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Four Themes from Charles Montgomery's "Happy City"
Charles Montgomery's book "Happy City" details how urban design can become a catalyst for happiness. The book narrates experiences of cities that sought to plan and re-plan for increasing sustainability, walkability, and public morale.
Four important themes from the book are enumerated. Architects, engineers and planners are also invited to leave their comments and suggestions. The objective of the article is to interest more readers and authors into addressing issues of cities through the happiness solution of urban design.
Theme # 1: The Essentials of A Sustainable City
The book provides a description of the expectations towards a sustainable city. Compared to the current "unsustainable" cities, the sustainable city needs to be:
- higher in status
- more fun
- more resilient
- able to lure people together
- able to reward people for efficient choices
- able to ensure that the good choice and the happy choice are the same
No wonder sustainability in cities is hard to achieve: many qualifications need to be met. The good choice and the happy choice, for instance, is seldom the same.
"Public transit innovations tend to take place in cities where policy makers actually ride public transit."
Theme # 2: Dedication to Public Mass Transport and Public Transit
Various examples in the book highlighted the importance of public transit and mass transport to happiness urban design.
- The TransMilenio of Bogota is a bus rapid transit system that serves both the poor and the rich in the city of Bogota. Its aim was not only "to cut travel times but also to boost the status of public transit riders."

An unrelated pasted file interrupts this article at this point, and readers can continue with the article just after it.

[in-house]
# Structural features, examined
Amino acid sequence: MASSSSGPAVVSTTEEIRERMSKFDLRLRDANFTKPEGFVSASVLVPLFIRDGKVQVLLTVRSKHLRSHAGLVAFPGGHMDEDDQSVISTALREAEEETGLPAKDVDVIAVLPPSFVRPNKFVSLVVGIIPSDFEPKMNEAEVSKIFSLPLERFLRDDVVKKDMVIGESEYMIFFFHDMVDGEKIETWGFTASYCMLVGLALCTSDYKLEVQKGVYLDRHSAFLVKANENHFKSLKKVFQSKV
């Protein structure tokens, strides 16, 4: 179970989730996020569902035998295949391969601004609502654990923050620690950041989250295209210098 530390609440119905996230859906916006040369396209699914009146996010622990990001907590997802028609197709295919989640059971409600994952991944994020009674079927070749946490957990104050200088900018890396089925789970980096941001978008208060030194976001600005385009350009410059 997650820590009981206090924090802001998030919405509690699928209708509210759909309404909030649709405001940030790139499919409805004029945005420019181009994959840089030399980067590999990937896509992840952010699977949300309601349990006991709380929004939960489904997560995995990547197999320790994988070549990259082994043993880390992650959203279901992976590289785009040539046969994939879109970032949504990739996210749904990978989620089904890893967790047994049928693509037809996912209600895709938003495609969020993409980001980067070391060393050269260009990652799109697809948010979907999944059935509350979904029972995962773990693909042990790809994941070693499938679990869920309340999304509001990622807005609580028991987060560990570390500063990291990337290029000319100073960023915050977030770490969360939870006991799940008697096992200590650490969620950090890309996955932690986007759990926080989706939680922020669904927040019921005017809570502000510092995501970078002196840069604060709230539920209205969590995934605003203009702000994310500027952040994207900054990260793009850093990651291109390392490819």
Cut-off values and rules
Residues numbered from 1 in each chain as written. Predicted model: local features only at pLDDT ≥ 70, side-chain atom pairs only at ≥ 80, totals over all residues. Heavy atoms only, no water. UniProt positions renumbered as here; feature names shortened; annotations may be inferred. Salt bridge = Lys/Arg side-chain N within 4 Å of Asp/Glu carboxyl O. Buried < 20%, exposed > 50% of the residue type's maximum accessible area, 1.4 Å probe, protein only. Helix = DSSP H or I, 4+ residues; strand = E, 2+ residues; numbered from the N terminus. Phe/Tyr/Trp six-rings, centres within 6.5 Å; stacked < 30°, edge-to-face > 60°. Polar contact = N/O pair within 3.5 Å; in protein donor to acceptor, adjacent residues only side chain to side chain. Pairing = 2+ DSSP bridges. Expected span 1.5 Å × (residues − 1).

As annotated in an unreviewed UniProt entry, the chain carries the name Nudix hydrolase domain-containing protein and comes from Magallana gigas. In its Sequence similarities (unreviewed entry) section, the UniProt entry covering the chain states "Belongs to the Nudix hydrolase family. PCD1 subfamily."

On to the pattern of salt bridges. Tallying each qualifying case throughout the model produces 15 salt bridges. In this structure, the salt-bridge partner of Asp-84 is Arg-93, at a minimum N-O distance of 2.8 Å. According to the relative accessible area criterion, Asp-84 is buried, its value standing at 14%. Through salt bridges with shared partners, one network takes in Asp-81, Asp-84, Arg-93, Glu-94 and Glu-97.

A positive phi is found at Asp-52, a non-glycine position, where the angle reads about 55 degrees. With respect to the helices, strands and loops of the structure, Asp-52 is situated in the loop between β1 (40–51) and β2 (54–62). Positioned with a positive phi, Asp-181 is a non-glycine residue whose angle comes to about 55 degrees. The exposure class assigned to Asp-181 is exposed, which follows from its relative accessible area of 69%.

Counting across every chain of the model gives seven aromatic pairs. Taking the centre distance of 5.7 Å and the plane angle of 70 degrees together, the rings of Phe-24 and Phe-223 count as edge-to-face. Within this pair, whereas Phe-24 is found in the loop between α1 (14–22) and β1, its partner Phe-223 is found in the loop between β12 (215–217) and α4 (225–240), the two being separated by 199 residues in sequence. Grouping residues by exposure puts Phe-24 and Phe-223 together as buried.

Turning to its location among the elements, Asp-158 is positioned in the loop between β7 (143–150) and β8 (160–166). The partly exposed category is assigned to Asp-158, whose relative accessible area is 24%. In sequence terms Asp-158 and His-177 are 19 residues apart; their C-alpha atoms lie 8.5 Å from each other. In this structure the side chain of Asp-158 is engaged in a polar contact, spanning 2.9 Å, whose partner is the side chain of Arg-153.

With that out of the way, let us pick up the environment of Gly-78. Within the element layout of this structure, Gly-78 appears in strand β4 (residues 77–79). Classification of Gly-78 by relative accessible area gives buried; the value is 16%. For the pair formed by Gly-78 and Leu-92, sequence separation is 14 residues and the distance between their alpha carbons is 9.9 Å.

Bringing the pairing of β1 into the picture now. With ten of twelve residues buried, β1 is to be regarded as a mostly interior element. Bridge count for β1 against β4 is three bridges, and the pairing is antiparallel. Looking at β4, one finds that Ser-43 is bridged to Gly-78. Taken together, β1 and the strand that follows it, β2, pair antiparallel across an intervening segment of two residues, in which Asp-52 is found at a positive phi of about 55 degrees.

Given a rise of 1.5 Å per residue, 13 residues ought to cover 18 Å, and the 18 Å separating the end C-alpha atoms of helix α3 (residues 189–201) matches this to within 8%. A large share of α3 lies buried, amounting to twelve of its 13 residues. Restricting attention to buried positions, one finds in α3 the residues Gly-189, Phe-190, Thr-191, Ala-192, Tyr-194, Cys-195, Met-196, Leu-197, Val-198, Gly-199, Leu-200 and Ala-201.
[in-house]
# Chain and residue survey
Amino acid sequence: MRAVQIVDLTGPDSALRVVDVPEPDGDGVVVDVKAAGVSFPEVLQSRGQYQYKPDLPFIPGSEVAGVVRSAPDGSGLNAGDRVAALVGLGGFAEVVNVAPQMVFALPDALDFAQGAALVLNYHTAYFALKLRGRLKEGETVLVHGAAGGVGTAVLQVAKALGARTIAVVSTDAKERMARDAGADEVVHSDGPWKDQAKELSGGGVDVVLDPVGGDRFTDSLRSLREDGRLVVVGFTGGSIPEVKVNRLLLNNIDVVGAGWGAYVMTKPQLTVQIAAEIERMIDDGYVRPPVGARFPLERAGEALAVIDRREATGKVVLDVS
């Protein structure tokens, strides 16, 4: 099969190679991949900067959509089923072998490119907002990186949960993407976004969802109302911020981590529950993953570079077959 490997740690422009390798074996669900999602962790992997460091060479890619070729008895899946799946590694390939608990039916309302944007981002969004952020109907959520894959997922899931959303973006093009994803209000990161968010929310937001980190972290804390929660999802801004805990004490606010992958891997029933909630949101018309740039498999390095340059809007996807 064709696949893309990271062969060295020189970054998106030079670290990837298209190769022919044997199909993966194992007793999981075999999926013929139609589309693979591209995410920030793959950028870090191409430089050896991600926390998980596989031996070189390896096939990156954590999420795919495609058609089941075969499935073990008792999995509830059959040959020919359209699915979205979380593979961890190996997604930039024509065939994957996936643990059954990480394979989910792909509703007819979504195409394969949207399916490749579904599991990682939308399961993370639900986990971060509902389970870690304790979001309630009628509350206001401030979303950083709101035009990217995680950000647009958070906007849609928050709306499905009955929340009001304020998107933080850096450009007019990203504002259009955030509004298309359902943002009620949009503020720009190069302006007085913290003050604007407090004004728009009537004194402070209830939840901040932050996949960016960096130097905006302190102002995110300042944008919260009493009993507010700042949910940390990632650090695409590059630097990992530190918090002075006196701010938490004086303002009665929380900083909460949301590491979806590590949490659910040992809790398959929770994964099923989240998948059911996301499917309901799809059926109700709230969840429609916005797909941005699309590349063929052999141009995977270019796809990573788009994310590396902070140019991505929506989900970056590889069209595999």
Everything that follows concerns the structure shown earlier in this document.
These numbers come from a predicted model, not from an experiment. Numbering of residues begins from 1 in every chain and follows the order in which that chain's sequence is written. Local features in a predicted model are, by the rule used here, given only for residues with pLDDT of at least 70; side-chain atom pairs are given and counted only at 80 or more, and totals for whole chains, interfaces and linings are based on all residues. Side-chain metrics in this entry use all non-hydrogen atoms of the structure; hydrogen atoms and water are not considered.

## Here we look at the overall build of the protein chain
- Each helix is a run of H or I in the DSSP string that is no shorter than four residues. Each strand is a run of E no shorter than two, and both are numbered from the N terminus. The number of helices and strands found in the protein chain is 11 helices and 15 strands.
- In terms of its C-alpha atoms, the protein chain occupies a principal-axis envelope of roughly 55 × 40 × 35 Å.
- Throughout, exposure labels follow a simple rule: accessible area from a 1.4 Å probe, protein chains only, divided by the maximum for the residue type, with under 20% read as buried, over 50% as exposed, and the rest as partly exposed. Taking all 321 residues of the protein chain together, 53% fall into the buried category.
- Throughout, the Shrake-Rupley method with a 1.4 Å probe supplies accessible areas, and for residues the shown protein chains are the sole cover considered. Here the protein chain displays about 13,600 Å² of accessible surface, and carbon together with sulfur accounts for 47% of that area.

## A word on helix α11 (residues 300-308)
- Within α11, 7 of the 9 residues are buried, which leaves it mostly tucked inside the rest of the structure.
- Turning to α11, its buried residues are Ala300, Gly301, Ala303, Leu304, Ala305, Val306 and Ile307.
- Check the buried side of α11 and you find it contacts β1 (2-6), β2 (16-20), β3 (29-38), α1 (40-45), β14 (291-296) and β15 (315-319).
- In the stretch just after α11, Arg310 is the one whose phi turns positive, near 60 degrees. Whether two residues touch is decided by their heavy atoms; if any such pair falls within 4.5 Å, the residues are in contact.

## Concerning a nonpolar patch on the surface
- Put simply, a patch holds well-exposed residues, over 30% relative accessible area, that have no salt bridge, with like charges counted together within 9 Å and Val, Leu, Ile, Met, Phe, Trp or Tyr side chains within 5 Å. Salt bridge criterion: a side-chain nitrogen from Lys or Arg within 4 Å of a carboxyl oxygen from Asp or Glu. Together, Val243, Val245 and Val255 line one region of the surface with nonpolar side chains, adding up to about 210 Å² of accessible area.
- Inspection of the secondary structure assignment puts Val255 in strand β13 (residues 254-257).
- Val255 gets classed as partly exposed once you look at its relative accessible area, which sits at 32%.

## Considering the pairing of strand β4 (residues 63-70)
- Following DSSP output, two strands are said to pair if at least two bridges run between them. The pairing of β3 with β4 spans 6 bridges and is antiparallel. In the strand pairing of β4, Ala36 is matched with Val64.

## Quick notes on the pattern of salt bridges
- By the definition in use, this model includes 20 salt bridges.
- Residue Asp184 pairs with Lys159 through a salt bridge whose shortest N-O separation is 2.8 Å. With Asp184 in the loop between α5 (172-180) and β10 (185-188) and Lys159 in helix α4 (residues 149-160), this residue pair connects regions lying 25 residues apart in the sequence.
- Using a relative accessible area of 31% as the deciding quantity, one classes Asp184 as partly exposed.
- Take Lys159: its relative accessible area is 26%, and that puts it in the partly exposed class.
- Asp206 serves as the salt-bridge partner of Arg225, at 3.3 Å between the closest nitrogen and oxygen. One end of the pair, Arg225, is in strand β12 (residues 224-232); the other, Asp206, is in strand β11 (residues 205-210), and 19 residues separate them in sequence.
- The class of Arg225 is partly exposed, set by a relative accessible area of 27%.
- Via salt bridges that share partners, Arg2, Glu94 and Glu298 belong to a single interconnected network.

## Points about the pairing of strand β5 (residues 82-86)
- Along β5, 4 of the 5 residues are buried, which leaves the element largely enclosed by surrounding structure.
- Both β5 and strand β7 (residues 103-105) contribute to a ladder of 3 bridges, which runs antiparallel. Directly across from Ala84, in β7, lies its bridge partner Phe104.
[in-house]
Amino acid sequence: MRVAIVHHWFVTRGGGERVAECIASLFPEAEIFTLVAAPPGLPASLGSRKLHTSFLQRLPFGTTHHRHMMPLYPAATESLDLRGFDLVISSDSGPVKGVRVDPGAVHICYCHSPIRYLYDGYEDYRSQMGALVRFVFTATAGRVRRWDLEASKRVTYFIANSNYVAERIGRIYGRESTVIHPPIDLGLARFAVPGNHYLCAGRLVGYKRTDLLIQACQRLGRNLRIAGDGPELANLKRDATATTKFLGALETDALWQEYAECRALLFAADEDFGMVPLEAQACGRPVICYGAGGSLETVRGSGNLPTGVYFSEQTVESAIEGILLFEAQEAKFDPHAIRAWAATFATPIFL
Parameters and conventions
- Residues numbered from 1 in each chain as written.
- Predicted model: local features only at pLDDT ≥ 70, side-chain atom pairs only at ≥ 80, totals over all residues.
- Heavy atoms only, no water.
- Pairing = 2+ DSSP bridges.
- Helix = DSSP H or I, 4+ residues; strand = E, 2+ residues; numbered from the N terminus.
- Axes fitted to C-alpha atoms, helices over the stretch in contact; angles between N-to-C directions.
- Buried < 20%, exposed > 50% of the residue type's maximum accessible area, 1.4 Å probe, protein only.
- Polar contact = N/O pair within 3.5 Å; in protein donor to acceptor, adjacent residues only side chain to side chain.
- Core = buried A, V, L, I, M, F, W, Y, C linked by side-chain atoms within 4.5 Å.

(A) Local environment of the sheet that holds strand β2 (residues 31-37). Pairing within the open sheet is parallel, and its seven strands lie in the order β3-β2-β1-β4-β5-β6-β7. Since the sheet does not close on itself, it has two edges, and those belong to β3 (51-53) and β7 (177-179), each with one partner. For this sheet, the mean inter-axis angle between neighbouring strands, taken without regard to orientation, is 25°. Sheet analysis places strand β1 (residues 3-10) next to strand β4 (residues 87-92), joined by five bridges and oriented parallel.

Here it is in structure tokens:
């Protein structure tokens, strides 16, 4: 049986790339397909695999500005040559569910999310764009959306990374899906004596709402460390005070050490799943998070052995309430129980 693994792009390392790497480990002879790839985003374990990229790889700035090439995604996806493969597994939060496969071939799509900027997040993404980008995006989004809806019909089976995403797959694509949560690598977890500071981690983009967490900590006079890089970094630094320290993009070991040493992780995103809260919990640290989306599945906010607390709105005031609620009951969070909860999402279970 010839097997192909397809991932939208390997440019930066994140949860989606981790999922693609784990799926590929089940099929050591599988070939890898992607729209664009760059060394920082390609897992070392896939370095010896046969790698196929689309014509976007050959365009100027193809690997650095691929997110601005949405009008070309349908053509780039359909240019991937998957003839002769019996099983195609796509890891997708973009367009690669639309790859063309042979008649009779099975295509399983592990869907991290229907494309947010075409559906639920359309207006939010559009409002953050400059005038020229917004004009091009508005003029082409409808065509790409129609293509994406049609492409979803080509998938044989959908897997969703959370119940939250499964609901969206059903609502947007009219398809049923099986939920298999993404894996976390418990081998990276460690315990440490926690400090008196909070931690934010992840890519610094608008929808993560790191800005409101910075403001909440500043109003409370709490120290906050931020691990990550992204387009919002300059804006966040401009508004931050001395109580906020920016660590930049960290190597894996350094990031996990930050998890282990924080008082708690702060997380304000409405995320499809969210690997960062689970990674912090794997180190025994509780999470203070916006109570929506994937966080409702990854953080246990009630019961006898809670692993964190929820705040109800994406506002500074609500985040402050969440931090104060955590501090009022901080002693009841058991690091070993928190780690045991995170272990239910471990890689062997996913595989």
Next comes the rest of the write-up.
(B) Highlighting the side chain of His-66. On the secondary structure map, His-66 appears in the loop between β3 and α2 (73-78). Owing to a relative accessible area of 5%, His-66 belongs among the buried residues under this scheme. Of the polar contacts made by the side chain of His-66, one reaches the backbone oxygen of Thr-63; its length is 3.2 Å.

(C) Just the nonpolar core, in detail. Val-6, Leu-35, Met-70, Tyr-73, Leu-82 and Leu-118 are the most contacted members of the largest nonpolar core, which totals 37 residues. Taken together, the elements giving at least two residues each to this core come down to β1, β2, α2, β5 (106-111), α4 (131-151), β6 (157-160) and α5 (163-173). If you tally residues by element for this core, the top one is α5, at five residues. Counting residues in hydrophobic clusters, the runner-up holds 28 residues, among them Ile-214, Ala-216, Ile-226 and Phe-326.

- "Public transit innovations tend to take place in cities where policy makers actually ride public transit."
- A feature in the book detailed that bicyclists with helmets are more likely to get hit, based on a study of Brian Walker. His website is brianwalker.com/overtaking/
- The concept of effective speed: "calculating travel time which includes the hours you spend working to pay for your vehicle, as well as the time spent on the journey."
- Government provides incentives for sprawl through prioritizing funding for highways instead of urban rail and transit services.
- Investments towards public transit and commercial development are mutual benefit initiatives, as evidenced by a $100M streetcar investment in Portland.
Theme # 3: Specialized Geographies
Discussions of place and space will always need the perspective of geography. Two specific geographic studies are included in the book.
- "the geography of loneliness," which is illustrated in the following examples
- Jan Semenza's experience of a man who died in a heat stroke in Chicago in 1995. The man, according to the hotel manager, "was totally alone."
- "people who live in residential towers...feel lonely and crowded by other people at the same time."
- Even though most would prefer a walkable community, most also want to live in a detached home with plenty of privacy and space.
- Aaron Naparstek and the "geography of honking"
Buy the book!
Charles Montgomery's Happy City will revolutionize the way we think about urban life.
Theme # 4: Defining the City
Cities are at the forefront of global development trajectory; therefore, understanding the concepts about defining "the city" and the changes that occur in it is important.
- "The city shapes the way we move; our movements shape the city in return."
- "...a city is really just the sum of what people think about it. The city is a subjective thing." -Ricardo Montezuma
- "Cities have always expressed a tension between individual property rights and common benefits."
- Change the zoning code, change the city.
"The city shapes the way we move; our movements shape the city in return."
Books like "Happy City" provide the local urban designers and planners a tour of different city experiences. Through these examples, the knowledge gap in urban design between developing and developed countries is bridged.